You don't usually see a stock gain 4 percent on news that the CEO is ill, but that's exactly what happened to Apple this week. As we all know by now, Apple CEO Steve Jobs disclosed that he is being treated for a hormone imbalance that caused his obvious weight loss. Anyone familiar with Wall Street's often twisted logic knows that the stock bounced because the news wasn't worse. After all, there have been plenty of rumors that Jobs is suffering a recurrence of pancreatic cancer and may have to leave the company.
I'm glad that Jobs isn't sicker. But sooner or later, he will leave Apple, and it may occur in 2009. What will happen? The stock will tank, no matter how the news is spun. Many investors are convinced that Jobs is Apple and Apple is Jobs.
But Wall Street has it wrong.
The company will be just fine without him. Partly through the genius of Jobs and the team he built, and partly because his tenure coincides with the industry-wide shift away from proprietary computing dominated by Microsoft, Apple will remain an important and successful force in the technology industry.
Not your father's Apple
When Jobs rejoined Apple in 1997, the company was headed for the recycle bin. It remained stuck in a customer niche of graphics-oriented users and Microsoft-hating fanboys. It was even in danger of losing its hold on the education market.
In part, that sad state of affairs was due to unimaginative management by COO-turned-CEO Michael Spindler and then CEO Gil Amelio, a technology executive who understood chips -- he ran National Semiconductor for five years -- a lot better than he understood consumers.
Those two followed the chaotic reign of John Sculley, whose marketing savvy from his tenure at the disciplined PepsiCo didn't translate well at undisciplined Apple, resulting in a chaotic product line that confused customers and spread Apple's strengths too thin. Engineers' pet projects ran amok, leading to lots of half-baked technologies and a confused direction for the Mac. (Ironically, the Sculley-era chaos led Apple's board to choose first Spindler and then Amelio as more focused technocrats in a pendulum swing gone too far.)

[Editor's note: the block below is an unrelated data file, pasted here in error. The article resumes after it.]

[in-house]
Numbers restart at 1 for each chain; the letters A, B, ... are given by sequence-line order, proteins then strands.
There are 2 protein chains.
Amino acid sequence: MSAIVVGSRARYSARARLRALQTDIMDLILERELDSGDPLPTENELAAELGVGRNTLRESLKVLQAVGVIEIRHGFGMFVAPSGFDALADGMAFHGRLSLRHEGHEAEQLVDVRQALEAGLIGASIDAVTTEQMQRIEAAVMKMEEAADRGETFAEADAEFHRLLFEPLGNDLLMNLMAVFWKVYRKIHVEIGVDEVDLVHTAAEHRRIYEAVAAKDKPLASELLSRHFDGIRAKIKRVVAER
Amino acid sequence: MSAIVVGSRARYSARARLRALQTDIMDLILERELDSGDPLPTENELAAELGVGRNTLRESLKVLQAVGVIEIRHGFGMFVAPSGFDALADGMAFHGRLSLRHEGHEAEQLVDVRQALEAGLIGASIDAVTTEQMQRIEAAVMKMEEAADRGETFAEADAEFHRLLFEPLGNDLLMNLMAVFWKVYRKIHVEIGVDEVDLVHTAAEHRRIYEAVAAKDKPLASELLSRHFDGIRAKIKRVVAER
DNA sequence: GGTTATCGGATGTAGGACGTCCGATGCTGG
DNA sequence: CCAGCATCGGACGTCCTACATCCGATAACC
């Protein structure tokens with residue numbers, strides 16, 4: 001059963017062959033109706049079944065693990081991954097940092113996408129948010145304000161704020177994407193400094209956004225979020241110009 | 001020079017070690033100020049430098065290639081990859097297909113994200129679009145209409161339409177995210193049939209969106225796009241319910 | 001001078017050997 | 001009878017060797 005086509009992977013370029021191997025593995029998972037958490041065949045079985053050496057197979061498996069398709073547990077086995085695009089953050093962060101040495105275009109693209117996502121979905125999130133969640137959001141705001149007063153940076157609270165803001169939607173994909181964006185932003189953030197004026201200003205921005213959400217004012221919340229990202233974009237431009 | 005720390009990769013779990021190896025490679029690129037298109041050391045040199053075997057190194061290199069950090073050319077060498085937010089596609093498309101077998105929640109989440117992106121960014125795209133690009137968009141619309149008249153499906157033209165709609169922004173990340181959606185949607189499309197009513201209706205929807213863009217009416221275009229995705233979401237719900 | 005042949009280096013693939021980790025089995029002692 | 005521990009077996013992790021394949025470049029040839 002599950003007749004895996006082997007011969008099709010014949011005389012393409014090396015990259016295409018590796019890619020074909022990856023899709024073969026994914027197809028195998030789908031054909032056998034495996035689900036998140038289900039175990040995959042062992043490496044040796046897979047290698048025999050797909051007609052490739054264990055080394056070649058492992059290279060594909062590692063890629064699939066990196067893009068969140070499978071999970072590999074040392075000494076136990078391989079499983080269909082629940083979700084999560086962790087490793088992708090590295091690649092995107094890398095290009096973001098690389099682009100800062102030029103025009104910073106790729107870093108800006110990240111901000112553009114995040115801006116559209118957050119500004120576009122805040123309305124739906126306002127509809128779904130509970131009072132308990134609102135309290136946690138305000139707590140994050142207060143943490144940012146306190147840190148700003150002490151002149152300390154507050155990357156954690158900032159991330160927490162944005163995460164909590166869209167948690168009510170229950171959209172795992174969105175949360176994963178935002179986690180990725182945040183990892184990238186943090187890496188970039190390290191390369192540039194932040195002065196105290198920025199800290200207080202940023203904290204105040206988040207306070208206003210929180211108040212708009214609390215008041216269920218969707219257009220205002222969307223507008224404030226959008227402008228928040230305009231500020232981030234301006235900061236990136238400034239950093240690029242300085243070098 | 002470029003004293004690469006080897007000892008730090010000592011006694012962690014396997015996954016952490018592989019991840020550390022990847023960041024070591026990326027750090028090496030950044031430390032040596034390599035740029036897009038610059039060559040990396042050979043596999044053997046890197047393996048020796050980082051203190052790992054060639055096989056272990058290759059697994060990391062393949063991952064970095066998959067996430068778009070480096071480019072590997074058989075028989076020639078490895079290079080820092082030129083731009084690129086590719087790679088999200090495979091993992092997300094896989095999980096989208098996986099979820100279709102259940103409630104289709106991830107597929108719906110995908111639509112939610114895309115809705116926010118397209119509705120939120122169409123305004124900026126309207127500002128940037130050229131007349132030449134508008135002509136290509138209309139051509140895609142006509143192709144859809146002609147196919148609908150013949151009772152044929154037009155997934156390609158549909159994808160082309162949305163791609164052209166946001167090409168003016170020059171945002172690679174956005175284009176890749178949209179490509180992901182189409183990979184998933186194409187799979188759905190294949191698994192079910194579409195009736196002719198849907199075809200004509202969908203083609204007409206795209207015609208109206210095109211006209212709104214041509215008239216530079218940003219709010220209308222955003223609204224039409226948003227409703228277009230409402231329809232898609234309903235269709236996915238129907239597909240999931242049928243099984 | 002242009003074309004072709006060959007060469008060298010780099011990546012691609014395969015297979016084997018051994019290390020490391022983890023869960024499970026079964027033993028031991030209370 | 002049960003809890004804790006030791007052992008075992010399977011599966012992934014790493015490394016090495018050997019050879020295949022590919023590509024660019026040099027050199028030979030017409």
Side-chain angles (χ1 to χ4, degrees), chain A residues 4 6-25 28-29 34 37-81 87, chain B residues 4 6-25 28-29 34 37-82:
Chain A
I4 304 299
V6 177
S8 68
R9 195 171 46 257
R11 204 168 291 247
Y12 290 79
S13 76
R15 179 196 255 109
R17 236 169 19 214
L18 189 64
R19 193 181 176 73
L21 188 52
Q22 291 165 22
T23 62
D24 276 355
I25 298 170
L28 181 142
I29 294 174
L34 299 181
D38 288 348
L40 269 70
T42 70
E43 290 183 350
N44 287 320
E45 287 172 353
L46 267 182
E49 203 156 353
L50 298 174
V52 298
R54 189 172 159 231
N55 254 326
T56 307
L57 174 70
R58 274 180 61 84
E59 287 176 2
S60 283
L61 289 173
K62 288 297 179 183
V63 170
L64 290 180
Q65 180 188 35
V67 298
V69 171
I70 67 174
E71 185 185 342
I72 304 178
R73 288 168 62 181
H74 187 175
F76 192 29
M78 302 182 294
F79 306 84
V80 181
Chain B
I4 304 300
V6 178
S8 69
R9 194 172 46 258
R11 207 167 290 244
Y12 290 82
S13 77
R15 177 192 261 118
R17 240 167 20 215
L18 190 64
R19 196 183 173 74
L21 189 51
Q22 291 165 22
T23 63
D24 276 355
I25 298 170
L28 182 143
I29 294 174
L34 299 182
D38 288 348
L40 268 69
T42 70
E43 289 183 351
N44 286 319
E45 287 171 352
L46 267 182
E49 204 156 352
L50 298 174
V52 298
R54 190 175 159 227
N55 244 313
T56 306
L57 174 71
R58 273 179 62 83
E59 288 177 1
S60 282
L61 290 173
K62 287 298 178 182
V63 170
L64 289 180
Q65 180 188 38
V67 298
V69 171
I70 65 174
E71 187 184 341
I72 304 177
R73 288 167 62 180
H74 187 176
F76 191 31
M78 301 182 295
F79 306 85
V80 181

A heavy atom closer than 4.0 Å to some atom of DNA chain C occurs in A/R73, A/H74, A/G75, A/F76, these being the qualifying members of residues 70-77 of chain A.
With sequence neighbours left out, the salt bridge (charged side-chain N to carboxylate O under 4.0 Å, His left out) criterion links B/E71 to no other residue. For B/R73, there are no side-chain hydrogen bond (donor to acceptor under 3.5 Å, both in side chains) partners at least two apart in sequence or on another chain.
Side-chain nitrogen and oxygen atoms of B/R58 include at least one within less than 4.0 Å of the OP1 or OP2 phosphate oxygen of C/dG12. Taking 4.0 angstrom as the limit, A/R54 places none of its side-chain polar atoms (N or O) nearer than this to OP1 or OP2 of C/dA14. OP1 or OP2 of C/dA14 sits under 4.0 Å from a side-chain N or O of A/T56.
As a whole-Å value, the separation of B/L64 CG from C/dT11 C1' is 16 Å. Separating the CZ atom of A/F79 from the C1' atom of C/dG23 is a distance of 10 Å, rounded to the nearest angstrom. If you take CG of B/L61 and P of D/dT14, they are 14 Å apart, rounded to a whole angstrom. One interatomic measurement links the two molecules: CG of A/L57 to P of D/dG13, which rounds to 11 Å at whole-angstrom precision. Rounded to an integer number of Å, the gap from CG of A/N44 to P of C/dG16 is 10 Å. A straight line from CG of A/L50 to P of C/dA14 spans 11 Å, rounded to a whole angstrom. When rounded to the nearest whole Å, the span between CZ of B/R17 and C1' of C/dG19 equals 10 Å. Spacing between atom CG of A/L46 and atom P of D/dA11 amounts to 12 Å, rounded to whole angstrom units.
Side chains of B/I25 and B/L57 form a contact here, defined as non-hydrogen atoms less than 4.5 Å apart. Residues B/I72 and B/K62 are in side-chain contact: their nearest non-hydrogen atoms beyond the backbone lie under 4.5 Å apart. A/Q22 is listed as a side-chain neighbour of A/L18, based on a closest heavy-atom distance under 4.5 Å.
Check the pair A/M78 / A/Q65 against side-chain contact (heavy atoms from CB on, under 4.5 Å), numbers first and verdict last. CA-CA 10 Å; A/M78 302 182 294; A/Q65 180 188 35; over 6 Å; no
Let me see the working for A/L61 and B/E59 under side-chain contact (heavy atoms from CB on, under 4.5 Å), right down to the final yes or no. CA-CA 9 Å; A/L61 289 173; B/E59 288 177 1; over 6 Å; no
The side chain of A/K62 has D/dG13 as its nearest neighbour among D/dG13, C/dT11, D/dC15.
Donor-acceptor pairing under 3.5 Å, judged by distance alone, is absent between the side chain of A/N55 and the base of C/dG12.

But in a larger sense, the company appeared doomed because such strengths as it had (a knack for design and a computer that was easy to use and didn't crash every 10 minutes) were at odds with the industry's demands.
As computer technology really took hold in the 1980s and 1990s, business wanted standard products and standard software at a relatively low price point. Apple didn't offer that.
Because the company controlled the platform, its products weren't plagued by the panoply of incompatibilities familiar to Windows users. But because its control of the platform was so tight, it hadn't developed the huge ecosystem that made Windows products ubiquitous.
When it did try to loosen the reins with its move to more generic technology and its licensing of the Mac to clone makers to compete with the likes of Dell, Apple found its unimaginative, often cheaply made systems developed under Spindler and Amelio losing against both Windows PCs and its own Mac licensees.